Health facilities in Addis Ababa are very limited. Even the best hospitals in Addis Ababa suffer from inadequate facilities, antiquated equipment, and shortages of supplies (particularly medicines).  There is a shortage of physicians.  Emergency assistance is limited.  Psychiatric services and medications are practically nonexistent.  Serious illnesses and injuries often require travelers to be medically evacuated from Ethiopia to a location where adequate medical attention is available.  Travelers must carry their own supplies of prescription drugs and preventive medicines, as well as a doctor's note describing the medication.  

            Malaria is prevalent in Ethiopia outside of the highland areas.   Tuberculosis is an increasingly serious health concern in Ethiopia. Ethiopia is a mountainous country. Its high altitude may cause health problems, even for healthy travelers.  Addis Ababa has an altitude of 8,300 feet.  Travelers may experience shortness of breath, fatigue, nausea, headaches, and inability to sleep.  Individuals with respiratory or heart conditions should consult with a health care professional before traveling to Ethiopia.  Travelers to Ethiopia should also avoid swimming in any lakes, rivers, or still bodies of water.  Most bodies of water have been found to contain parasites.  Travelers should be aware that Ethiopia has a high prevalence of HIV/AIDS.  Ethiopia has had outbreaks of acute diarrhea, possible cholera, and typhoid in the recent past, and the conditions for reoccurrences continue to exist.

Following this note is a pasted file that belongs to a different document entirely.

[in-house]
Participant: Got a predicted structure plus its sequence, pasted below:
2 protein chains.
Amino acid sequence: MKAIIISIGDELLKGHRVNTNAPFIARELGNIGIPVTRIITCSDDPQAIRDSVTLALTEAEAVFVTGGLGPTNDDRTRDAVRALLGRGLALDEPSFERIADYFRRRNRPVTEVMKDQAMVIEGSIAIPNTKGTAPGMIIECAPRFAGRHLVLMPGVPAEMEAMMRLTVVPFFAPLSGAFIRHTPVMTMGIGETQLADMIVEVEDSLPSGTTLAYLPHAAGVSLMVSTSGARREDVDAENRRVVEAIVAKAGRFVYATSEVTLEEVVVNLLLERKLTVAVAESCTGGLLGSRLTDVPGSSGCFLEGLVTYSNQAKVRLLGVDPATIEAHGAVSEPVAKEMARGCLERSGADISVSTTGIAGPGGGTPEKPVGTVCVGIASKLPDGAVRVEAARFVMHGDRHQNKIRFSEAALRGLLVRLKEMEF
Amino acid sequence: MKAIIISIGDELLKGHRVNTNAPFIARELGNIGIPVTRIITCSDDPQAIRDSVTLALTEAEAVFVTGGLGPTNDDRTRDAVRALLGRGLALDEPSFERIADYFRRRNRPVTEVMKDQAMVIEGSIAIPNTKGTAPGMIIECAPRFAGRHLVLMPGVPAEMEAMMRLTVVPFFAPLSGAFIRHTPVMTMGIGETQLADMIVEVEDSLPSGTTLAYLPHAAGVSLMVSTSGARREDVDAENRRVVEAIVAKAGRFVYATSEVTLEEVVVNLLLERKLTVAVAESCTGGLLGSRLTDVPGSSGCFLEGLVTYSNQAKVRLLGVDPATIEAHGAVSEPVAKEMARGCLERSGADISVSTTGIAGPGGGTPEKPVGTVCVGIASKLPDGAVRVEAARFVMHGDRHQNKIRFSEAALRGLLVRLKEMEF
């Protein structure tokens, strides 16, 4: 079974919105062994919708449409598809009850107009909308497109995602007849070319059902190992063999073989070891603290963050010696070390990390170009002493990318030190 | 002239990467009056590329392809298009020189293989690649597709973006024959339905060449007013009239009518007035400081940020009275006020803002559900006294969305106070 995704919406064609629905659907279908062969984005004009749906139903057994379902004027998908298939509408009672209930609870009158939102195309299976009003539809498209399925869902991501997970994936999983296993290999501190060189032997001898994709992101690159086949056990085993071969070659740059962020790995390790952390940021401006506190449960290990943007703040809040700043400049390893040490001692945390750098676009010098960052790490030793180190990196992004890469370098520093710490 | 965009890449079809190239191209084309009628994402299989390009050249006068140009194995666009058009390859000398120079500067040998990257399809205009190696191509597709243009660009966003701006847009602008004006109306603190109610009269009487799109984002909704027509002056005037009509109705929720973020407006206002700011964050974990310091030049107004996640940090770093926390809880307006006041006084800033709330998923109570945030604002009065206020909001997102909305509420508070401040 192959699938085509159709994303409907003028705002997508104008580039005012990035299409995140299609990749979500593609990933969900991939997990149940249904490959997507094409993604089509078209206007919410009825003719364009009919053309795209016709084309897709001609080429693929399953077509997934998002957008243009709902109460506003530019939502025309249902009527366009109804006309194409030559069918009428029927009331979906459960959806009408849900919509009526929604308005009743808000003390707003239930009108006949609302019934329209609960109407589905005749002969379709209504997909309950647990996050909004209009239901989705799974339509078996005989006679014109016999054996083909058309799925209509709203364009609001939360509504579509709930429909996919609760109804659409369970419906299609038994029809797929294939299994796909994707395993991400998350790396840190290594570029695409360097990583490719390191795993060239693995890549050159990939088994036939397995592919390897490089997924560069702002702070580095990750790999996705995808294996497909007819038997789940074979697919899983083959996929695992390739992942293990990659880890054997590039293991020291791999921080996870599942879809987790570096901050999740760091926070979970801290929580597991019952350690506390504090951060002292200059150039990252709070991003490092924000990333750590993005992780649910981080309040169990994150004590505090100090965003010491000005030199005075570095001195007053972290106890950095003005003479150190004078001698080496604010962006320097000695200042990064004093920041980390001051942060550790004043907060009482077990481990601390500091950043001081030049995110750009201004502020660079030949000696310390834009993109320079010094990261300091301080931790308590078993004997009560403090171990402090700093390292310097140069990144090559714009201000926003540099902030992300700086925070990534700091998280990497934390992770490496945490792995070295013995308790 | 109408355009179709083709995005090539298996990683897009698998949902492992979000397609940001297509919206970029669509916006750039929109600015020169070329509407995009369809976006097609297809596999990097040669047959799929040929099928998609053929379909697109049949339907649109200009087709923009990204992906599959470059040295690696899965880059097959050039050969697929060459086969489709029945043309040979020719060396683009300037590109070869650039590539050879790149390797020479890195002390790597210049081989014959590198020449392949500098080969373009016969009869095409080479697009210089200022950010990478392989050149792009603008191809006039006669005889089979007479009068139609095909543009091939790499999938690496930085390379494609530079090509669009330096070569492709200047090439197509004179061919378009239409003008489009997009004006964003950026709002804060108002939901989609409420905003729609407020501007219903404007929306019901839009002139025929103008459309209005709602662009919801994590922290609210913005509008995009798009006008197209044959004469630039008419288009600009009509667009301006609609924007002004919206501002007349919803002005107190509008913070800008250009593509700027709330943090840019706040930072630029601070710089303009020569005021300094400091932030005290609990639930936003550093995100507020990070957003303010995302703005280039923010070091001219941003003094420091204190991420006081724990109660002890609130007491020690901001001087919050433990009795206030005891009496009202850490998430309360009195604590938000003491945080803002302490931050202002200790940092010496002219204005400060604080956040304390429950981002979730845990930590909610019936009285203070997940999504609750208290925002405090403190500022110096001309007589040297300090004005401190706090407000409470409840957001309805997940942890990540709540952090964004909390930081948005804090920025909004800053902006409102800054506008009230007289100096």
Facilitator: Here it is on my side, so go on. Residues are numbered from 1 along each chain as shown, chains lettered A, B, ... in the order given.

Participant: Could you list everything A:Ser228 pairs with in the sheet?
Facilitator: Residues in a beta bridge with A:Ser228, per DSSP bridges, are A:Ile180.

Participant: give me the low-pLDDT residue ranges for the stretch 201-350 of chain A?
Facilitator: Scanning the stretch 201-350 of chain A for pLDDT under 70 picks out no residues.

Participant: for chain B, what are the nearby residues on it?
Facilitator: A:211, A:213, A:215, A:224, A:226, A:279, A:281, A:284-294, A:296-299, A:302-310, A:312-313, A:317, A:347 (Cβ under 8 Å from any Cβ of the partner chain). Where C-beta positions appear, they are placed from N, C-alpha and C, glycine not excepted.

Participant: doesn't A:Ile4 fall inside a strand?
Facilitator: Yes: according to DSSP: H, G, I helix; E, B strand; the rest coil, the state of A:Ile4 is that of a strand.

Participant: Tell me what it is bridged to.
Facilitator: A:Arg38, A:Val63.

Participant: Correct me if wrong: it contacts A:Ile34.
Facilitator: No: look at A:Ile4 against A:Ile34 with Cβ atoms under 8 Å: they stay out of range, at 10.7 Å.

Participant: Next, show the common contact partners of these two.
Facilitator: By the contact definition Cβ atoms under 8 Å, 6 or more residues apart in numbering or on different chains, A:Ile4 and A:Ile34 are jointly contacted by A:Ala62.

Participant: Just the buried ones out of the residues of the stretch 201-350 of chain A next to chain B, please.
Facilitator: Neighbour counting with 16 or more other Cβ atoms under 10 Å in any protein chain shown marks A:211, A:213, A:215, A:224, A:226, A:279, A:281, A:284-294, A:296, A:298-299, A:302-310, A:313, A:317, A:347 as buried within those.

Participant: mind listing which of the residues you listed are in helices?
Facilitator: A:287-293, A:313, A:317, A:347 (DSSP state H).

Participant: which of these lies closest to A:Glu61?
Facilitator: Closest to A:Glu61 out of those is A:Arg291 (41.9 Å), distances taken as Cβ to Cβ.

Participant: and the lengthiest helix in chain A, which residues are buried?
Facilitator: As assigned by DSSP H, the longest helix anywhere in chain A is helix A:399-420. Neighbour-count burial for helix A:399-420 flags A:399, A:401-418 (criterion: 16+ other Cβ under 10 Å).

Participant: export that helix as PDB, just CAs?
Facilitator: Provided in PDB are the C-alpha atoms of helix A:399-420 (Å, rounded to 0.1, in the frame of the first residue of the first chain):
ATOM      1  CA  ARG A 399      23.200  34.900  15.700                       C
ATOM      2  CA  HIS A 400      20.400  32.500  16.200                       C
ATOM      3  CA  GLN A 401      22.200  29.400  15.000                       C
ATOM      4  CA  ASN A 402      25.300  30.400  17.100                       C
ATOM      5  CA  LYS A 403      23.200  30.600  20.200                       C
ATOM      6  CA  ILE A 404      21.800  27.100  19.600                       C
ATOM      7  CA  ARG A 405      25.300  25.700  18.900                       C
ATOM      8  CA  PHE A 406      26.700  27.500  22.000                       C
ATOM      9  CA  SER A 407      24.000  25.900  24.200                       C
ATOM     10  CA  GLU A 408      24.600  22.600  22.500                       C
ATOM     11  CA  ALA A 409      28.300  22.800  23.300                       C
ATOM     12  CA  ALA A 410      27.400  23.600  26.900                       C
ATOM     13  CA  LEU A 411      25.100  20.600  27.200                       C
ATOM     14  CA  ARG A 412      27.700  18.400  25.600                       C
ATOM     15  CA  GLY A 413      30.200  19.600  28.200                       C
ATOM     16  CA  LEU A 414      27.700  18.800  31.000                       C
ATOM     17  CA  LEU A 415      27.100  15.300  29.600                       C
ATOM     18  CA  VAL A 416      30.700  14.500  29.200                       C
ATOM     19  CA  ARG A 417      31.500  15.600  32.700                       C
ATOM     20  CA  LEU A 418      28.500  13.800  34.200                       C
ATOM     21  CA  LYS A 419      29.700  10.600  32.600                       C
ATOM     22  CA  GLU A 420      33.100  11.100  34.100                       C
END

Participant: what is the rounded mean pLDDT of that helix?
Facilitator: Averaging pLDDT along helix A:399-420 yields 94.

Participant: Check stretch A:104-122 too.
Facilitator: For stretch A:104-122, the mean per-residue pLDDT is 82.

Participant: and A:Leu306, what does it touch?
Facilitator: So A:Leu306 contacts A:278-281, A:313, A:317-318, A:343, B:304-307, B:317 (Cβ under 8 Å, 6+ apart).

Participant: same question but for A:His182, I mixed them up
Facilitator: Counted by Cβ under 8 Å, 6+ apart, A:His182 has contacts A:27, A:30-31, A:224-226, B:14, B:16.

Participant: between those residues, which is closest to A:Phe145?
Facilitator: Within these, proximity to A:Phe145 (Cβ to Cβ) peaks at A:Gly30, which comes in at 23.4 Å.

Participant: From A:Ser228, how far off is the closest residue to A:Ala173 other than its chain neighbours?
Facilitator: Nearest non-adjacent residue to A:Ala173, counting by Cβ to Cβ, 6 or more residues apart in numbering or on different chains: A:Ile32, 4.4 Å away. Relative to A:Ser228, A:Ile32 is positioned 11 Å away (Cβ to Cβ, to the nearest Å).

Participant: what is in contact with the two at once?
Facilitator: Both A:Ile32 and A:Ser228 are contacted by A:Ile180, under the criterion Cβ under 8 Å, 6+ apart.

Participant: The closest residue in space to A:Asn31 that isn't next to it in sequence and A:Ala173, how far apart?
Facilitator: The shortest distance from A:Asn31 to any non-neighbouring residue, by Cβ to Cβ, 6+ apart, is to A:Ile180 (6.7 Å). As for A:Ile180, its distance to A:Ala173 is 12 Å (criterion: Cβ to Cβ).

According to the World Health Organization (WHO), Ethiopia has the highest rate of traffic fatalities per vehicle in the world.  Roads in Ethiopia are poorly maintained, inadequately marked, and poorly lighted.  Road travel after dark outside Addis Ababa and other cities is dangerous and discouraged due to hazards posed by broken-down vehicles left in the road, pedestrians walking in the road, stray animals, and the possibility of armed robbery.  Road lighting in cities is inadequate at best and nonexistent outside of cities.   Excessive speed, unpredictable local driving habits, pedestrians and livestock in the roadway, and the lack of basic safety equipment on many vehicles are daily hazards on Ethiopian roads. While travel during daylight hours on both paved and unpaved roads is generally considered safe, land mines and other anti-personnel devices can be encountered on isolated dirt roads that were targeted during various conflicts.